Partial Reason: Critical and Constructive Transformations of Ethics and Epistemology

By Sally E. Talbot | Go to book overview

other knowers and of the subject and the object of knowledge and with the assumption that the establishment of a common language is an effective way to ensure the possibility of sustaining shared belief systems, mutual understandings, and intersubjective agreements. Both ethically and epistemologically, then, the emphasis is placed on the connections between the self and what is known or understood rather than on the connections between selves. To the extent that liberal ethics and epistemology do establish connections between selves, the basis of these connections is that individual selves find themselves seeing, knowing, or understanding the same things. The act of seeing, knowing, or understanding, however, remains a solitary act. This is the concept of connection endorsed by both the passive and the projective versions of empathy.

I have said that both empathy as projection and empathy as passive accommodation move to convert difference into sameness. Both versions of empathy are problematic in that neither ascribes a relational content to empathetic connection. What I mean is that both versions of empathy construct relation as involving a loss of self: either the loss of the empathising self or the loss of the self who is empathised with. My suggestions are that the accounts of relation that emerge from these versions of empathy do not entail any significant revision of the ideals of autonomy and impartiality and do not constitute the basis of an account of caring relation. My point is not that the empathetic response necessarily establishes such an impoverished account of relation. The concept of seeing together that I develop in this discussion involves a sense in which I can say that I know just how you feel, as well as a sense in which that saying is consistent with there being degrees of overlap or commensurabilities between your knowing and mine, your feeling and mine. However, seeing together, as I begin to show in Chapter 3, involves concepts of relation that cannot be sustained by either of the versions of empathy I have considered here. Neither version challenges the idea that selves are essentially constituted as separate, autonomous, and impartial. Both present concepts of relation that reflect or are consistent with an emphasis on autonomy, impartiality, and separation.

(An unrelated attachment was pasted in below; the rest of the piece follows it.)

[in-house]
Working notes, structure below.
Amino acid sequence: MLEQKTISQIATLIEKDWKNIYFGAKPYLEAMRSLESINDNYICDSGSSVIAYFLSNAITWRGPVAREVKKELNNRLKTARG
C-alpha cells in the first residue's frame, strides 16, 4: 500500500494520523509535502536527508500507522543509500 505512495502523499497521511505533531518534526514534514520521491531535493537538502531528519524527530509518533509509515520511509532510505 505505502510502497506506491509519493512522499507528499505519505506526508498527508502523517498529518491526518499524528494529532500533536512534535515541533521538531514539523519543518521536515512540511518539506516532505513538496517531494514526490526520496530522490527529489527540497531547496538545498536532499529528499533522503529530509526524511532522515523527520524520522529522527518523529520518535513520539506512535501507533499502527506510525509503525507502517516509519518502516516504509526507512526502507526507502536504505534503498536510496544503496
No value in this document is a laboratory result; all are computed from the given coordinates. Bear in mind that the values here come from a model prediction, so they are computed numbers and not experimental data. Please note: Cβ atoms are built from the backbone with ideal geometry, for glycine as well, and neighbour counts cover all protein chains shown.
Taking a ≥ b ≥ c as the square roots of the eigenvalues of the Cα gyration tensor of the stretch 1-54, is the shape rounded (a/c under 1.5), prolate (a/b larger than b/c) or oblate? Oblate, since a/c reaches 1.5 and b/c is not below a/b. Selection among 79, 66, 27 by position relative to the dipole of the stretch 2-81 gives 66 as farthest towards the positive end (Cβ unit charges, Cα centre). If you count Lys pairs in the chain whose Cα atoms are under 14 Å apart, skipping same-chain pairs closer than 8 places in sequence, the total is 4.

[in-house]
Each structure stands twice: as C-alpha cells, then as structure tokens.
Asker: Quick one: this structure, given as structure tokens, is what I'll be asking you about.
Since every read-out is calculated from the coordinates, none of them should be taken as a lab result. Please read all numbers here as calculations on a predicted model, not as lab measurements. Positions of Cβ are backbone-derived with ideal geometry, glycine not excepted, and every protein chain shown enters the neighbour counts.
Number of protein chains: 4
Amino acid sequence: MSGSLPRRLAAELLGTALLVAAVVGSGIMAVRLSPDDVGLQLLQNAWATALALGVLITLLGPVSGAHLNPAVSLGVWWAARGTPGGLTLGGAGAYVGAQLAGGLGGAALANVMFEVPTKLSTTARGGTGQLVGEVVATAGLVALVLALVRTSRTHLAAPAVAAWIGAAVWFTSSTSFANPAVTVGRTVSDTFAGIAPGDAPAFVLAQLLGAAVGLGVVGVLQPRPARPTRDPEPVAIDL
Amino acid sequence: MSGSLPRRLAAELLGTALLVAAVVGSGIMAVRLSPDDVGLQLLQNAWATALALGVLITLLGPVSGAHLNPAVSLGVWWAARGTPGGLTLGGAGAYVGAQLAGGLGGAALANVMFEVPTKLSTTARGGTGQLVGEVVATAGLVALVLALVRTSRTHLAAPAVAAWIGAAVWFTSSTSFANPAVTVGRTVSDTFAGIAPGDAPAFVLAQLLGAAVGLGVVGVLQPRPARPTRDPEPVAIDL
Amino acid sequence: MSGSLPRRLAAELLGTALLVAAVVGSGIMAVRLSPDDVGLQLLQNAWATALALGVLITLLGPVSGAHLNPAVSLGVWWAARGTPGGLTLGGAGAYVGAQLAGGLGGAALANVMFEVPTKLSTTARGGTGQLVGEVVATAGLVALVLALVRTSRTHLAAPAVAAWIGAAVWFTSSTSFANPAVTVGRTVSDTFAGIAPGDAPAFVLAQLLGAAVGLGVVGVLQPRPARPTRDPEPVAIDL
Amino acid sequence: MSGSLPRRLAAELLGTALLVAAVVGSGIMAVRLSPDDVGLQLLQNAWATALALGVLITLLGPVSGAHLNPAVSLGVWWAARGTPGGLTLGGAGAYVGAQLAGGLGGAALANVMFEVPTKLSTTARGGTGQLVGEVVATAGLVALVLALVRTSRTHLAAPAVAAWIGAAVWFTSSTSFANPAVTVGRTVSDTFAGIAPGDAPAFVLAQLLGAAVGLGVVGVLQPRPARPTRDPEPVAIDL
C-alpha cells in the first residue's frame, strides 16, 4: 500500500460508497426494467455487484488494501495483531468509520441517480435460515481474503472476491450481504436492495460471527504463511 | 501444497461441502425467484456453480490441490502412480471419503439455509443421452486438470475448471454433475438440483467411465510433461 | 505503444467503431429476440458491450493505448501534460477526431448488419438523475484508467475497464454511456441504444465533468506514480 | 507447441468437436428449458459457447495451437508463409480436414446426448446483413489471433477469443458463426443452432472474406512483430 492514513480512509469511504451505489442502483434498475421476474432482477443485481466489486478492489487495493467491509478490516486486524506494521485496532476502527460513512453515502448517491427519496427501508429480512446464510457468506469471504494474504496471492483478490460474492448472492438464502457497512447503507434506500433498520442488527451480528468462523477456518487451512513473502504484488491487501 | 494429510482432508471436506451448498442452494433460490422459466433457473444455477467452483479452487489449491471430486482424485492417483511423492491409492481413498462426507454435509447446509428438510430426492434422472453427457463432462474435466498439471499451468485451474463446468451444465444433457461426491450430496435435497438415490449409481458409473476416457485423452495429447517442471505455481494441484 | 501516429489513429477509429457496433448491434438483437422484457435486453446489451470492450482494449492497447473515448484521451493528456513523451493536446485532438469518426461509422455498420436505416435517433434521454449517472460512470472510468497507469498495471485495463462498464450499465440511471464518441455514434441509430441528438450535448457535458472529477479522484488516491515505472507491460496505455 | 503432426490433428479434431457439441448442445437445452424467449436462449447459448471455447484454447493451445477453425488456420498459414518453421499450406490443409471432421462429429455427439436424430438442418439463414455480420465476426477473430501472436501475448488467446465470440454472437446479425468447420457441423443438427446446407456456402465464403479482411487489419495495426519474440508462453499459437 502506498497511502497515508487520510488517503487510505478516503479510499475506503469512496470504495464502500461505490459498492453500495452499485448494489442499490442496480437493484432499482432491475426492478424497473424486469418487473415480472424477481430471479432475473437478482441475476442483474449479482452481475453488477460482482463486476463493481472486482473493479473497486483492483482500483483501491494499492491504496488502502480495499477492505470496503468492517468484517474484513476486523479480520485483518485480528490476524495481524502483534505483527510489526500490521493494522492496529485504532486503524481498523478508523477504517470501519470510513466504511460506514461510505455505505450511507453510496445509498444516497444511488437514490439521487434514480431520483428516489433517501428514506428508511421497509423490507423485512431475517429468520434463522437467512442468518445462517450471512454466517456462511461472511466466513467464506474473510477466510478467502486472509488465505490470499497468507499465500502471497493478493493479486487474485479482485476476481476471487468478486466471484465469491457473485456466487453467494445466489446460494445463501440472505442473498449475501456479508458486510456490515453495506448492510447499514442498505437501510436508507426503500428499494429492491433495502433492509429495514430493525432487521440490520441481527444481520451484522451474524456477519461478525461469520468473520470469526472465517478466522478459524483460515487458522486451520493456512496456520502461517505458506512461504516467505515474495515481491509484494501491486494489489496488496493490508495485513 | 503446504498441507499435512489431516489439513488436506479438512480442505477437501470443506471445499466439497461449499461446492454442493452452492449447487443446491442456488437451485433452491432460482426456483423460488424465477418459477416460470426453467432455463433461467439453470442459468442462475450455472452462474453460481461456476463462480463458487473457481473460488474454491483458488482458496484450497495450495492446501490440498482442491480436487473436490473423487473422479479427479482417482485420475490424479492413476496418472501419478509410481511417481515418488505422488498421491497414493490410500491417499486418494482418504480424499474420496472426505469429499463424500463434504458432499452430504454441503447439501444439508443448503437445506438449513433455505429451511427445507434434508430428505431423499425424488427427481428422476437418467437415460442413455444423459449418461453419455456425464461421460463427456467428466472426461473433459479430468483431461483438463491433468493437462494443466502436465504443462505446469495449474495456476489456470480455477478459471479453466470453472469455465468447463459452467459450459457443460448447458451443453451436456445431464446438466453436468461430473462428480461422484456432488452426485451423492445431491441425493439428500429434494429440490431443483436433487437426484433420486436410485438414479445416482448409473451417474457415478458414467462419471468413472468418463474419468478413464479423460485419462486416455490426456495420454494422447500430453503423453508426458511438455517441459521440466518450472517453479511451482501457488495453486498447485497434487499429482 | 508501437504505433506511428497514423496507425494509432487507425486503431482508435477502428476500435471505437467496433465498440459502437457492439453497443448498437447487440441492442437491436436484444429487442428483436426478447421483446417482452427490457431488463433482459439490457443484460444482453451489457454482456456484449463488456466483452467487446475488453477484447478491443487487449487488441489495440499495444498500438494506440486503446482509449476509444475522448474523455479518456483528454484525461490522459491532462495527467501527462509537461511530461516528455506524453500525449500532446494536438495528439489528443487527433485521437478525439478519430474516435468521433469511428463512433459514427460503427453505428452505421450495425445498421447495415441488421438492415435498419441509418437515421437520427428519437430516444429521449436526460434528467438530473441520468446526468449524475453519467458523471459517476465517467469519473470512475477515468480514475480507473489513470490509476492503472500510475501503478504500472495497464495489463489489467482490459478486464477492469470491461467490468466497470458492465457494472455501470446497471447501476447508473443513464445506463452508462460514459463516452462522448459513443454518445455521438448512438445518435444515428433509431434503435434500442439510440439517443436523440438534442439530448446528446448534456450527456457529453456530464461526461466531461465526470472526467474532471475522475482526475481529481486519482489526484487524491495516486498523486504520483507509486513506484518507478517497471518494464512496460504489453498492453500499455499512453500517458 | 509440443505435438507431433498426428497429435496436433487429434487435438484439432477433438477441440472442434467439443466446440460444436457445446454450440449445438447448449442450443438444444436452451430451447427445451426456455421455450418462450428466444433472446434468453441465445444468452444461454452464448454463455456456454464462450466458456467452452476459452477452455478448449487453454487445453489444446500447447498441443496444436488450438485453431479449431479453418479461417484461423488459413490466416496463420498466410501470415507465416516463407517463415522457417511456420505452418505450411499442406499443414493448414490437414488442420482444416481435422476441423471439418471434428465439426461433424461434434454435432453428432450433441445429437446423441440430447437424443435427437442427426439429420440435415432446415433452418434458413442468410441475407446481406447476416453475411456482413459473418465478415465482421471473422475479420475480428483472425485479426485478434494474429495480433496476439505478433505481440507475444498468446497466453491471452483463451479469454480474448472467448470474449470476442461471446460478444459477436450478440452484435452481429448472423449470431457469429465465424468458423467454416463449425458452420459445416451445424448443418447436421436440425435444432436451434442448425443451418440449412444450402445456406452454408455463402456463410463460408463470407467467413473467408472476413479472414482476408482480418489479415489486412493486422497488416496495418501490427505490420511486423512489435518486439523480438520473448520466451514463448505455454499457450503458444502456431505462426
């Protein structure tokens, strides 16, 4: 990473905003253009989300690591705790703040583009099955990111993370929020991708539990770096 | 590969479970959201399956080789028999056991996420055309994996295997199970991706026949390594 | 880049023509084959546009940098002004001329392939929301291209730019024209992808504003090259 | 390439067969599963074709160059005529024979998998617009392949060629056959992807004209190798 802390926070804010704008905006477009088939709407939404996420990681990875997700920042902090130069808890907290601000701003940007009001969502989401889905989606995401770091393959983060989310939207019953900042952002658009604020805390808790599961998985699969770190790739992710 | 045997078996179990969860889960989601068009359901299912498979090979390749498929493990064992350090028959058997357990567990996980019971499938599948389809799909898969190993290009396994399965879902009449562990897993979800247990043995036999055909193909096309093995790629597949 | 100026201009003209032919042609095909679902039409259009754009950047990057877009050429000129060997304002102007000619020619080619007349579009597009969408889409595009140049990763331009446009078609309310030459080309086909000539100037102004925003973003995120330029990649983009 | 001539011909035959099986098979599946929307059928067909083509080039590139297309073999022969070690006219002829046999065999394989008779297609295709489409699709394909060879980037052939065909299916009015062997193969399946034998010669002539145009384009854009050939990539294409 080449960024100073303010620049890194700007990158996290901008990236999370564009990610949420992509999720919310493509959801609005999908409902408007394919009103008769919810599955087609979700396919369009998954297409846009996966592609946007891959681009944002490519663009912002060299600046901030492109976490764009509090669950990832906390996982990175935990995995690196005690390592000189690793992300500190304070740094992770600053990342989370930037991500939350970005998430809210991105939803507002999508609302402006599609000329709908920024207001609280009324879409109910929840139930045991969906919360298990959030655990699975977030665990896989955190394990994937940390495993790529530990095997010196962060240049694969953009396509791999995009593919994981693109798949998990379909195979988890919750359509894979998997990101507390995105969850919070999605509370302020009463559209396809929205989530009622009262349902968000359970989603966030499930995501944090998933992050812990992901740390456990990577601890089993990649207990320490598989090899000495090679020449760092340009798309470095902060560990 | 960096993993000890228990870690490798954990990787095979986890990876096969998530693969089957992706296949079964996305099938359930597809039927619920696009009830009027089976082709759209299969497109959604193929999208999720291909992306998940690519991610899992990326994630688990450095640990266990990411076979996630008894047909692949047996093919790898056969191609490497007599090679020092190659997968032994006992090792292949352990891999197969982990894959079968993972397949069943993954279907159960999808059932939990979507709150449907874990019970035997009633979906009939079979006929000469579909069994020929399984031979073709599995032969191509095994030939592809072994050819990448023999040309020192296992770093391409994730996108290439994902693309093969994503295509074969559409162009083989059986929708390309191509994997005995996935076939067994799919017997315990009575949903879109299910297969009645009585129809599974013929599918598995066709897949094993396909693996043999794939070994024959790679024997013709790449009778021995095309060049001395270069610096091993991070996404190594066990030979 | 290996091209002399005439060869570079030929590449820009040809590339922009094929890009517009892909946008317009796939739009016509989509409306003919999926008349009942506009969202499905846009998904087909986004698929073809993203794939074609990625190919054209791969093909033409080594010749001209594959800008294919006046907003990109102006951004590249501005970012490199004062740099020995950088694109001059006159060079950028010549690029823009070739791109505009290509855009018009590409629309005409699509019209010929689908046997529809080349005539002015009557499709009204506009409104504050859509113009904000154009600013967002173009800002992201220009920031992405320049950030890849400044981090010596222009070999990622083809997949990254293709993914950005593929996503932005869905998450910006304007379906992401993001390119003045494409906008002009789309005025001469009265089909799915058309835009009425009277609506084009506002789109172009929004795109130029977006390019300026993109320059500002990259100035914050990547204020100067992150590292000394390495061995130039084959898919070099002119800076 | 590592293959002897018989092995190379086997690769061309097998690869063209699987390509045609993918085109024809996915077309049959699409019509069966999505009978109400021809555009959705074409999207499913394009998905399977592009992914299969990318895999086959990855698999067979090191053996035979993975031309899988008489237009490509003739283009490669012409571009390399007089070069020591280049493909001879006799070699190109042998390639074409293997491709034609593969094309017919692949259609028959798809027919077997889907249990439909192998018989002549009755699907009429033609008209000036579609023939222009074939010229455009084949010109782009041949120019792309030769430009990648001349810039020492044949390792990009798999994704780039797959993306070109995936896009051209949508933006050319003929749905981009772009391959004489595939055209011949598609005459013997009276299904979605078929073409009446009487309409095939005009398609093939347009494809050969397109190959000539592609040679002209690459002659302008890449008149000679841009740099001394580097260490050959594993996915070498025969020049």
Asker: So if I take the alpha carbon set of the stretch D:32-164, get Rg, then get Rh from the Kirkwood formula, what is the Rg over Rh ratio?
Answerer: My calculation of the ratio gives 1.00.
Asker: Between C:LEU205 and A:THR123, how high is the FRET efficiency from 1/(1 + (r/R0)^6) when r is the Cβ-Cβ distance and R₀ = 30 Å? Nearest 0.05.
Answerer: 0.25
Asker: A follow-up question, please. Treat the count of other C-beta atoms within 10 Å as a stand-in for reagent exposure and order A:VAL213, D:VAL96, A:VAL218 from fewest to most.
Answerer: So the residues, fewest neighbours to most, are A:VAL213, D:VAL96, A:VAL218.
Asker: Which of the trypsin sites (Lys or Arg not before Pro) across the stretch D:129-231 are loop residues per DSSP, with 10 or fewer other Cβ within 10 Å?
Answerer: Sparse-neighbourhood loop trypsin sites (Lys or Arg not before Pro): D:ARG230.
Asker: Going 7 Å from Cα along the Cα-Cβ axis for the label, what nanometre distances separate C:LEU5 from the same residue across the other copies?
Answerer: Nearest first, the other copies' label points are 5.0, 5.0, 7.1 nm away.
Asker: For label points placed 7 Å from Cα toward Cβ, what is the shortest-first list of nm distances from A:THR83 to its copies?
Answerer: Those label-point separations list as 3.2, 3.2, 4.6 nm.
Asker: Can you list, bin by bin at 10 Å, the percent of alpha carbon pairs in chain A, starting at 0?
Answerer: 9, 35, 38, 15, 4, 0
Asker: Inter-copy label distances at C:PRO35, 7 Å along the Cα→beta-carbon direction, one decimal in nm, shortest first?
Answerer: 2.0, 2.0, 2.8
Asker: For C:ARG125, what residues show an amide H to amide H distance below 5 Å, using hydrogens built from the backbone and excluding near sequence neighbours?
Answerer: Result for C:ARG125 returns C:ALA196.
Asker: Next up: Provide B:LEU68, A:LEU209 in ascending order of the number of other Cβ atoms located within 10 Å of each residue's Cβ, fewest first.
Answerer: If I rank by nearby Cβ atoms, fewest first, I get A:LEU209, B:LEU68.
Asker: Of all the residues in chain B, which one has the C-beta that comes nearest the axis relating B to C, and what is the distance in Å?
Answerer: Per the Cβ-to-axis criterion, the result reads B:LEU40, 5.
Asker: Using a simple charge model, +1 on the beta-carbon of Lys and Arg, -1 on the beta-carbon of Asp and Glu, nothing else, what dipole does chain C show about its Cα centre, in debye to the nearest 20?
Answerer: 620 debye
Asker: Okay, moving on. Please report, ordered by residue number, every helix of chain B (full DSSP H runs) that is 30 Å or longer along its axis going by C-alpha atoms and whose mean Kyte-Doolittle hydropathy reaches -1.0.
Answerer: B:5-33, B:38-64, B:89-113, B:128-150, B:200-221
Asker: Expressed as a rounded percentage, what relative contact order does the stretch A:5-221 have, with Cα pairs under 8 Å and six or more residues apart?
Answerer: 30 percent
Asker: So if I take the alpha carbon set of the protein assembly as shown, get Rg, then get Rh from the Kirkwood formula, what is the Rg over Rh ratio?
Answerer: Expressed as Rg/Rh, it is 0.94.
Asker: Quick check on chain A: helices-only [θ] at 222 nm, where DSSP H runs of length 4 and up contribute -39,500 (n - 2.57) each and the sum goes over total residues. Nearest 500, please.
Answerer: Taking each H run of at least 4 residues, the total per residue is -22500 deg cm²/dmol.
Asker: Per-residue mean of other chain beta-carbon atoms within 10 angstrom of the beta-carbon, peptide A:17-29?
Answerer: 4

When relation is understood to be connecting selves who are essentially separate, relatedness is a state in which selves are lost rather than constituted. When care is seen as a supplement or complement to approaches that emphasise autonomy and impartiality, caring is always and already subordinate to those approaches. What I establish in the following chapters, however, is that questions about relation and about care can be placed in another framework of moral understandings. When this framework does not privilege separation, autonomy, and impartiality, the possibility arises of transforming both ethics and epistemology.


NOTES
1.
Amy is one of Gilligan subjects in In a Different Voice.
2.
Noddings, Caring, 40, passim.
3.
Gilligan, In a Different Voice, 22-23.

-57-

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Partial Reason: Critical and Constructive Transformations of Ethics and Epistemology
Table of contents

Table of contents

  • Recent Titles in Contributions in Philosophy ii
  • Title Page iii
  • Contents VII
  • Preface IX
  • Acknowledgements XI
  • Introduction 1
  • Notes 6
  • Chapter 1 People Standing Alone: A Critique of Liberal Moral Theory 9
  • Notes 29
  • Chapter 2 a Necessary Corrective? Responses That Fill the Gaps 37
  • Notes 57
  • Chapter 3 Theorising Connection as Primary: Understandings of Selves-In-Relation 63
  • Notes 85
  • Chapter 4 Seeing Together: Care as Disposition 91
  • Notes 113
  • Chapter 5 Understanding Partiality: Problematising Conceptions of Knowledge and Knowing 121
  • Notes 149
  • Chapter 6 Partial Reason: the Epistemological Imperatives of Partiality 157
  • Notes 183
  • Chapter 7 Care: the Ethical Imperatives of Partiality 187
  • Notes 213
  • Bibliography 219
  • Index 231
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